The package for this problem was not updated by the problem writer or Codeforces administration after we've upgraded the judging servers. To adjust the time limit constraint, a solution execution time will be multiplied by 2. For example, if your solution works for 400 ms on judging servers, then the value 800 ms will be displayed and used to determine the verdict.

Codeforces Round 183 (Div. 2) |
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Finished |

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brute force

implementation

*1300

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B. Calendar

time limit per test

2 secondsmemory limit per test

256 megabytesinput

standard inputoutput

standard outputCalendars in widespread use today include the Gregorian calendar, which is the de facto international standard, and is used almost everywhere in the world for civil purposes. The Gregorian reform modified the Julian calendar's scheme of leap years as follows:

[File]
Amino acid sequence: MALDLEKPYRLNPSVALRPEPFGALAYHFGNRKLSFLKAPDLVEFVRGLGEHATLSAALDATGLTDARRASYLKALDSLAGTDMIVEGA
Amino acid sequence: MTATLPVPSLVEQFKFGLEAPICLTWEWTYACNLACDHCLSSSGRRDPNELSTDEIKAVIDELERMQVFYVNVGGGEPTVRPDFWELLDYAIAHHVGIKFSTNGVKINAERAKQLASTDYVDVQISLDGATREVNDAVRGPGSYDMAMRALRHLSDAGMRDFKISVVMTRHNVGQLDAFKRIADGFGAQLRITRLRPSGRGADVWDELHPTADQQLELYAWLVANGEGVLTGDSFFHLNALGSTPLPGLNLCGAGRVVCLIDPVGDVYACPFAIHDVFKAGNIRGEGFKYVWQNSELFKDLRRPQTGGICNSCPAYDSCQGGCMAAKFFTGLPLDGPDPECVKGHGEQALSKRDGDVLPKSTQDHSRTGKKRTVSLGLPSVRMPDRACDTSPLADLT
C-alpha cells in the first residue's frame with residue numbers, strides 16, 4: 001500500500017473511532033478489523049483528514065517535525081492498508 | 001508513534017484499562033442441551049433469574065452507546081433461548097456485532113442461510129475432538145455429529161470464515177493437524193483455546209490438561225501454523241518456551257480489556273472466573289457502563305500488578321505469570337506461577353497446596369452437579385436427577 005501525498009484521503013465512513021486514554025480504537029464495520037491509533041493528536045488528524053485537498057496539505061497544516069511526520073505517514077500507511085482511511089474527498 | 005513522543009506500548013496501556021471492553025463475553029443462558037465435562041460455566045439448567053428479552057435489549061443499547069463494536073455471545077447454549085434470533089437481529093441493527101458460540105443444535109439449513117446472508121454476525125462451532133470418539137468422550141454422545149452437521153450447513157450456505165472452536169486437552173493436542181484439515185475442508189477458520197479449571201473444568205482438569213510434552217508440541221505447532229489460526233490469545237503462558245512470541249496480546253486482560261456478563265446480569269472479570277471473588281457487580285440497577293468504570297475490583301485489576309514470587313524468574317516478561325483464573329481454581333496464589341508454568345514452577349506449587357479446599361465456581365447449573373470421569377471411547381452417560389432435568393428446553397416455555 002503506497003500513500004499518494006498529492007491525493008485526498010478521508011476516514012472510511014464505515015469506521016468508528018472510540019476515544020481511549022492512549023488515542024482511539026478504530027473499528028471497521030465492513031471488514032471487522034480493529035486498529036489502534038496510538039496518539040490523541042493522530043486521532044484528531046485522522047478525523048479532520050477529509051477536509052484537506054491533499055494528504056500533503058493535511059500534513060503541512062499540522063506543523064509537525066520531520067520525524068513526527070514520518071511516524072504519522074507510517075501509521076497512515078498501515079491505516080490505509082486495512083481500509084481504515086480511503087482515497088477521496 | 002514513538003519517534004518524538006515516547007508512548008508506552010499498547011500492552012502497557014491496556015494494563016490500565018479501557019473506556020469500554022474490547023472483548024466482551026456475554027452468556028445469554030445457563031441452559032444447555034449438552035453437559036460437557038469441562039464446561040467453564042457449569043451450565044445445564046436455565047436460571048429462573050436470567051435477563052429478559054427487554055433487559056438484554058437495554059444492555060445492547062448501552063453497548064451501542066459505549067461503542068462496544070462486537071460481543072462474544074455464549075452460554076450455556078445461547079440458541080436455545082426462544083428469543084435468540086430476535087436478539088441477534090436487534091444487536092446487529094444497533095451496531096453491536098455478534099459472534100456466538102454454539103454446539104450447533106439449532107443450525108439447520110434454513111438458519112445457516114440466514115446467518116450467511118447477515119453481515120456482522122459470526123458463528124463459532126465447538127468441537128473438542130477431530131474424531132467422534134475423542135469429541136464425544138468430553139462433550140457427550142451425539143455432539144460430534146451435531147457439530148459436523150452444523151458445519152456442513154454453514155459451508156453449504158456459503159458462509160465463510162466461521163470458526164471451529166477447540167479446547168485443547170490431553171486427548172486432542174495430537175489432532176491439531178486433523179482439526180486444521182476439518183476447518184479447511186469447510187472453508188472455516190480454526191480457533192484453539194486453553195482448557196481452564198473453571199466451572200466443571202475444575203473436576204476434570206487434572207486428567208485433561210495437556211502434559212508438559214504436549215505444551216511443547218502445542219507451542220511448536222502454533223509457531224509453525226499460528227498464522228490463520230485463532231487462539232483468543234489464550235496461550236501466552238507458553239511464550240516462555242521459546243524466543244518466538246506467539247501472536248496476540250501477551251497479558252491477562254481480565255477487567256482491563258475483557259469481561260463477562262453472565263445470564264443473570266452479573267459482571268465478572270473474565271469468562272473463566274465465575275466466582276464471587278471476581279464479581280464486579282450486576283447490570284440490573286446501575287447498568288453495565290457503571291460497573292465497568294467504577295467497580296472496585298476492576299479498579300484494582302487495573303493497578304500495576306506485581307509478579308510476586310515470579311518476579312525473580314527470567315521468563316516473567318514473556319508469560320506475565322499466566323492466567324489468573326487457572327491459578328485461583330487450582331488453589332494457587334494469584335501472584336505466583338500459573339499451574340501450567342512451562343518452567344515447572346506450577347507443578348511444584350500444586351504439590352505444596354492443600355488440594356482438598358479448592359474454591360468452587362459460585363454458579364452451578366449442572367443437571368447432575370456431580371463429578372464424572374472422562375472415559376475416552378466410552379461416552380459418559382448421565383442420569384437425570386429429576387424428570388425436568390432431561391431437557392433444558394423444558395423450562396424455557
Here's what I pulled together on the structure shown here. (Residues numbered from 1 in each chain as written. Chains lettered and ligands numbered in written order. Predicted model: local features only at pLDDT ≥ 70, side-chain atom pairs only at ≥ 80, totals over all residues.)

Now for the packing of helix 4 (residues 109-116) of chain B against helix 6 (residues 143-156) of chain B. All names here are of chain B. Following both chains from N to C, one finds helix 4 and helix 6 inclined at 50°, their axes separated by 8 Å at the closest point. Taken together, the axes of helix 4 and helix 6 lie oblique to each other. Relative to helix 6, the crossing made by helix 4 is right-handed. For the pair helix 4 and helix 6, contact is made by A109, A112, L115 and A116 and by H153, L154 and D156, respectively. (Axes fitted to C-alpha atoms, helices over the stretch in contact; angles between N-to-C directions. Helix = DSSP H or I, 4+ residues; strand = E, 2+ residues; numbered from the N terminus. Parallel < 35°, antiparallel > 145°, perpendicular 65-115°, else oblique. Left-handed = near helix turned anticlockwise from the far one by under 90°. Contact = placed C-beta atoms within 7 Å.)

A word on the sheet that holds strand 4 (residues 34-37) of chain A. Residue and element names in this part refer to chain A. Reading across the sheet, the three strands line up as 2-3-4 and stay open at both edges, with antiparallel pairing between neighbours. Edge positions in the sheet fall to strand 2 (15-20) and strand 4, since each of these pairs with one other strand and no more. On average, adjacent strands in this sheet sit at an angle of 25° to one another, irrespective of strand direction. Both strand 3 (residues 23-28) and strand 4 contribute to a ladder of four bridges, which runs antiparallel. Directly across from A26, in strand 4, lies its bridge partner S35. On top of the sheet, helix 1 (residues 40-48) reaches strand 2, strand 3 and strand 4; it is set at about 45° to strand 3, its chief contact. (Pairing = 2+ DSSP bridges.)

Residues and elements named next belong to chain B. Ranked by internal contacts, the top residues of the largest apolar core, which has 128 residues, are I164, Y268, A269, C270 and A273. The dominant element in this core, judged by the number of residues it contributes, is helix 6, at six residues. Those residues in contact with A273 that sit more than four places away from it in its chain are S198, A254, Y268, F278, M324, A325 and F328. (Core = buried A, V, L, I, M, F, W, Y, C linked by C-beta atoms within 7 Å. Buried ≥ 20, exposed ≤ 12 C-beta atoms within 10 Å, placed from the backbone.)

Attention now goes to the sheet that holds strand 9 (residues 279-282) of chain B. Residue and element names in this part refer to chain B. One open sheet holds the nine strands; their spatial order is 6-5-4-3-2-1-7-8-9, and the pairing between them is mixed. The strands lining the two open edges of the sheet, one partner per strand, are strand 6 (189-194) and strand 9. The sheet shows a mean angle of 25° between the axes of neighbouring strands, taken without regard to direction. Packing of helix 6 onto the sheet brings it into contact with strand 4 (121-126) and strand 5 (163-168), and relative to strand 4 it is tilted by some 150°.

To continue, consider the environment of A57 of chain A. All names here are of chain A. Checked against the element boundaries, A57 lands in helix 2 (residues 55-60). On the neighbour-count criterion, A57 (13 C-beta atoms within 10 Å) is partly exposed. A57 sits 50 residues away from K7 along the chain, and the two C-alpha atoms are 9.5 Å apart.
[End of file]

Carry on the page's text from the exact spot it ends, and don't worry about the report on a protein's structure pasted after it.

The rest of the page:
Every year that is exactly divisible by four is a leap year, except for years that are exactly divisible by 100; the centurial years that are exactly divisible by 400 are still leap years. For example, the year 1900 is not a leap year; the year 2000 is a leap year.

In this problem, you have been given two dates and your task is to calculate how many days are between them. Note, that leap years have unusual number of days in February.

Look at the sample to understand what borders are included in the aswer.

Input

The first two lines contain two dates, each date is in the format yyyy:mm:dd (1900 ≤ *yyyy* ≤ 2038 and yyyy:mm:dd is a legal date).

Output

Print a single integer — the answer to the problem.

Examples

Input

1900:01:01

2038:12:31

Output

50768

Input

1996:03:09

1991:11:12

Output

1579

Codeforces (c) Copyright 2010-2024 Mike Mirzayanov

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